Another way of understanding "relative thinking" is to consider simplified languages. The philosopher "Wittenstien" brought this up in his later work. One of the main ways that we understand language is in terms of our language. And we are aware that some languages are highly simplified. For instance there are sign languages used by people in the army, or codes used by people at work, or playing sport. Taking the example of the soldiers' sign language, we might imagine that a soldier can say with movements of his fingers and fist, "flank from the right," "three enemy soldiers ahead," or "I am wounded." But lets say that on the battlefield he met his girlfriend and he wants to say "Sorry but I can't advance any further because I have just met someone I love and I need to protect them." Of course he would not be able to say that in soldier sign language. Or imagine a catcher in baseball trying to sign to a pitcher "Your zipper is undone." They will not be able to say what they want to say because the circumstances, the truth of the situation, is beyond the limits of their language. These examples are problems of communication. But if we understand the world by communicating to ourselves, by saying things to ourselves, then if our language is limited our ablity to understand is going to prevent us from saying, and understanding, how things really are.
One of the main things that meditation is trying to acheive is to make us overcome the limits of language. There are theories that meditation is only about overcoming the limits of language. I do not agree. But it seems clear that overcoming the limits of language is a main activity in meditation.
We do not normally feel that natural language, the type of language that I am writing now, is limited. We tend to feel that it can explain how things are. But what if our language is limited in really basic ways? For example in both of the languages that I speak there is a distinction between things that do things (subjects or objects) and verbs. What if this distinction is merely a limitation of my language? Of course I cannot think in other terms.
So a lot of meditation is aimed towards...destroying language. People who meditatie often chant, that is to say they repeat the same words over and over again. There was an English poet that said that he had an enlightening experience as a result of repeating his name over and over again. Many Buddhist in Japan repeat the name of their Buddha (rather like a god) over and over again. Others are given a phrase or a word, or a poem and they repeat it over and over again. By doing this meditation attempts to make us aware of the meaninglessness of what we are saying.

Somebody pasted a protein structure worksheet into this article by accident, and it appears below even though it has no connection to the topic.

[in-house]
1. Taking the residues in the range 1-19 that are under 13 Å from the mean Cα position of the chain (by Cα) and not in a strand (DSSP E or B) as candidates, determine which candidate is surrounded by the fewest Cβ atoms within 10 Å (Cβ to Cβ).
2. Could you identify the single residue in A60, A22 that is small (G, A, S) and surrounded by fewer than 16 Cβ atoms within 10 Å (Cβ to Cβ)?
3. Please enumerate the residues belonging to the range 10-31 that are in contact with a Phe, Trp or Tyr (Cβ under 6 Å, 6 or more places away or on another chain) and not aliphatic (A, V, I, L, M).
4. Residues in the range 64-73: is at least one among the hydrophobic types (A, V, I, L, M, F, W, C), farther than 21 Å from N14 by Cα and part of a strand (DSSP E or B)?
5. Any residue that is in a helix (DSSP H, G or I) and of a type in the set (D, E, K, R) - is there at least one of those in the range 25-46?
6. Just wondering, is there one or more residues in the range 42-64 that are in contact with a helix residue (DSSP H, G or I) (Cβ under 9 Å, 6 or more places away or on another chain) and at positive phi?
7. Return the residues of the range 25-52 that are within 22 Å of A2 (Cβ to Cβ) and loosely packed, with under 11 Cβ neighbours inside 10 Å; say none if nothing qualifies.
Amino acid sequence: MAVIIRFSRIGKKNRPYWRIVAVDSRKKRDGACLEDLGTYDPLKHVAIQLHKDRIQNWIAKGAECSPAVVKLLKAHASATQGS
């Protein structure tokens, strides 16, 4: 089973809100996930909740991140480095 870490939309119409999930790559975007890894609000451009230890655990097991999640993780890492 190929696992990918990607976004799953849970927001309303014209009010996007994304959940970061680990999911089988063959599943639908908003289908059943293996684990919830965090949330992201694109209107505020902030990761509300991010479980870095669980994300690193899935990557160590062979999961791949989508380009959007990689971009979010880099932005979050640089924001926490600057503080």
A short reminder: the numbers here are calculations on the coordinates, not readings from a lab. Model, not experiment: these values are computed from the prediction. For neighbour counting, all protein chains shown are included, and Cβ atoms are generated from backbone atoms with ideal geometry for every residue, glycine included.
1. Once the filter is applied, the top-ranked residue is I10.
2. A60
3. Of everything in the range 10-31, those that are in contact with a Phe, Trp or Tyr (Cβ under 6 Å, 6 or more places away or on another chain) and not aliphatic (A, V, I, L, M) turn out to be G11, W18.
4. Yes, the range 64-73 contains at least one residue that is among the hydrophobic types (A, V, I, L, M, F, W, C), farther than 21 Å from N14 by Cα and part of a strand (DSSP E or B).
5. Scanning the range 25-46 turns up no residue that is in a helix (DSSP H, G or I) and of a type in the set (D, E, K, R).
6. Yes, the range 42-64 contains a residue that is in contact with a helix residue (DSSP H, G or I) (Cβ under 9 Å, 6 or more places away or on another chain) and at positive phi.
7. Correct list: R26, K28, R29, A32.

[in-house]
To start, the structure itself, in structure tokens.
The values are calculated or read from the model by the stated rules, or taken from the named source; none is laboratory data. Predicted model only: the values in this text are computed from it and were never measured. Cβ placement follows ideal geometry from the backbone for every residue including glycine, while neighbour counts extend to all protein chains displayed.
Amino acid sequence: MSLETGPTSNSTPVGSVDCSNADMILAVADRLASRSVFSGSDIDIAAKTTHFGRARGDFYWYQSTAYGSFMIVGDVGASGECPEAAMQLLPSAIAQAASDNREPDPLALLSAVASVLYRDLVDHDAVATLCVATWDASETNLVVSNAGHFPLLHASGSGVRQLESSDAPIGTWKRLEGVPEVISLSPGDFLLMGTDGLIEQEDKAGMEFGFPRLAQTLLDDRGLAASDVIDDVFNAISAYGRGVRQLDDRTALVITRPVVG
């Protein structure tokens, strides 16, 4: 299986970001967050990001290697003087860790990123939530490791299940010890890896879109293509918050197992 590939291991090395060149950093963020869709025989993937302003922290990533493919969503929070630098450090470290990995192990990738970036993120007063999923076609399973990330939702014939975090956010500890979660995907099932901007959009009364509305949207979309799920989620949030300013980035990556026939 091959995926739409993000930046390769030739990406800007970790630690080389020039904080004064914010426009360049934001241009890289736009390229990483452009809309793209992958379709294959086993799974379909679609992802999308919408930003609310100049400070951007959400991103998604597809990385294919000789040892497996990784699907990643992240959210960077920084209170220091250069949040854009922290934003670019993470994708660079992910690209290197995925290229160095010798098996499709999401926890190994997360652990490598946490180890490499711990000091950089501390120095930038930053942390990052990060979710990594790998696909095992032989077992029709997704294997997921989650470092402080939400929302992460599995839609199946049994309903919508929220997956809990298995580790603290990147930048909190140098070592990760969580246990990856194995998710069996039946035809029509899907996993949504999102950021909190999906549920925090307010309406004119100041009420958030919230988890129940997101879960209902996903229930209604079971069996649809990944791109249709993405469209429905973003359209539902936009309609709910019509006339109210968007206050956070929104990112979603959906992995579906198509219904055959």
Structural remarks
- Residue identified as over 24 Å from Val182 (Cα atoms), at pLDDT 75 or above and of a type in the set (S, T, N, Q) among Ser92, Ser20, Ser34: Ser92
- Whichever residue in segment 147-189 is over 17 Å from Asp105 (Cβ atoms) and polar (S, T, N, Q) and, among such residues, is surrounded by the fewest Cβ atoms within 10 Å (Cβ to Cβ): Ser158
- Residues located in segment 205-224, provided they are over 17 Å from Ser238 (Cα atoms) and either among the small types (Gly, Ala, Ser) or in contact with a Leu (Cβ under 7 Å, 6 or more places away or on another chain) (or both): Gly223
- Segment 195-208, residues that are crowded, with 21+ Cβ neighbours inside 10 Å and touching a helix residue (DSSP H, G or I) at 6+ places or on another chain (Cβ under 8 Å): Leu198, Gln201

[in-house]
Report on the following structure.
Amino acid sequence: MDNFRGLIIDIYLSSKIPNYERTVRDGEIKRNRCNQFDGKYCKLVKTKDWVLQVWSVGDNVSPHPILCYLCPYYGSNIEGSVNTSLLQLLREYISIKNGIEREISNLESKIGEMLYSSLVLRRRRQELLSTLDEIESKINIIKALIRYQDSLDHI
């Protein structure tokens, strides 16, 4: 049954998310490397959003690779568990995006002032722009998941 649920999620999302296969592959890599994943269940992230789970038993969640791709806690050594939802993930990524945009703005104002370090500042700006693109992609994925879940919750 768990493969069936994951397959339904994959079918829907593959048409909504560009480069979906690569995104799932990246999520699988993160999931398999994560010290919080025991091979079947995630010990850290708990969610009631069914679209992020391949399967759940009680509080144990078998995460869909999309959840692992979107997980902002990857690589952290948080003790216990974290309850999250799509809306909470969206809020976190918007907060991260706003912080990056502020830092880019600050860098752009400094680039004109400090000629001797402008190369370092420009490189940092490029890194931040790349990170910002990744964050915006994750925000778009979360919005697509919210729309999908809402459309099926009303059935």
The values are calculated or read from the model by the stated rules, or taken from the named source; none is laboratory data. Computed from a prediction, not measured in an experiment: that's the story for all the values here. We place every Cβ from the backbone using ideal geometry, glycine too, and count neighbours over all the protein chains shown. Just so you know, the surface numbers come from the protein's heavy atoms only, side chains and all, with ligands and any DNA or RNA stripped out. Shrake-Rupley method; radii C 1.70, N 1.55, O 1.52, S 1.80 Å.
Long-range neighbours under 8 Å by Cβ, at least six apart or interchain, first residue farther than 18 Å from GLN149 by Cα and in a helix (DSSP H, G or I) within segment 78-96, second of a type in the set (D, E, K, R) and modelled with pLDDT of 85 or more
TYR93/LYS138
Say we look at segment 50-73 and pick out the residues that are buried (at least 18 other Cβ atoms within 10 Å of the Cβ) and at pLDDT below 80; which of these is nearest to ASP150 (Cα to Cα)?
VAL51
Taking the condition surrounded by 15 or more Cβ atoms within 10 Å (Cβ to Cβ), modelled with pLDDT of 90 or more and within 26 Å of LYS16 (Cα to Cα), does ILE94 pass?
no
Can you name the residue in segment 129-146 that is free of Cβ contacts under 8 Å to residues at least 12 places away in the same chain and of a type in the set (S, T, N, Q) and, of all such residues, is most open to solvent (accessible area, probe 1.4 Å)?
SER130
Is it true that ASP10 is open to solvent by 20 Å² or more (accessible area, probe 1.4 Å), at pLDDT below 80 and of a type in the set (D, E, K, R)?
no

If the Little Prince asked the accountant to say his "bottom line" over and over again, "So I am worth ten dollars?" "Yes, you are worth ten dollars." "I am worth ten dollars?" "Yes, you are worth ten dollars." And so on, just by making him repeat it, enough times, the accountant might realise that he is being ridiculous, he is not seeing the wood from the trees. Or maybe the soldier on the battle field, trying to get his commander to realise that he has met his girlfriend might try using soldier sign language to say "There is someone here" to his commander. The commander signs back "Understood. Advance" and the soldier just keeps on repeating "There is someone here." Eventually someone clicks, that the language they are using does not measure up to the situation. They may realise that the language they are using is corrupted, broken, cannot capture the situation they are facing and then become aware of the truth beyond their language.
Thinking about riddles that have not answer (koans), repeating phrases that should mean a lot (like ones own name, or the name of the entity that one respects the most - the god or buddha) until one realises that the language that one is using is limited, meaningless or until that language breaks is one way that meditation attempts to make us aware of our "relative thinking."
"Silencing the mind," by counting ones breaths, or directly by thinking about what one is thinking and then trying to stop is a more direct method of turning off language and attempting to see the world beyond its bounds.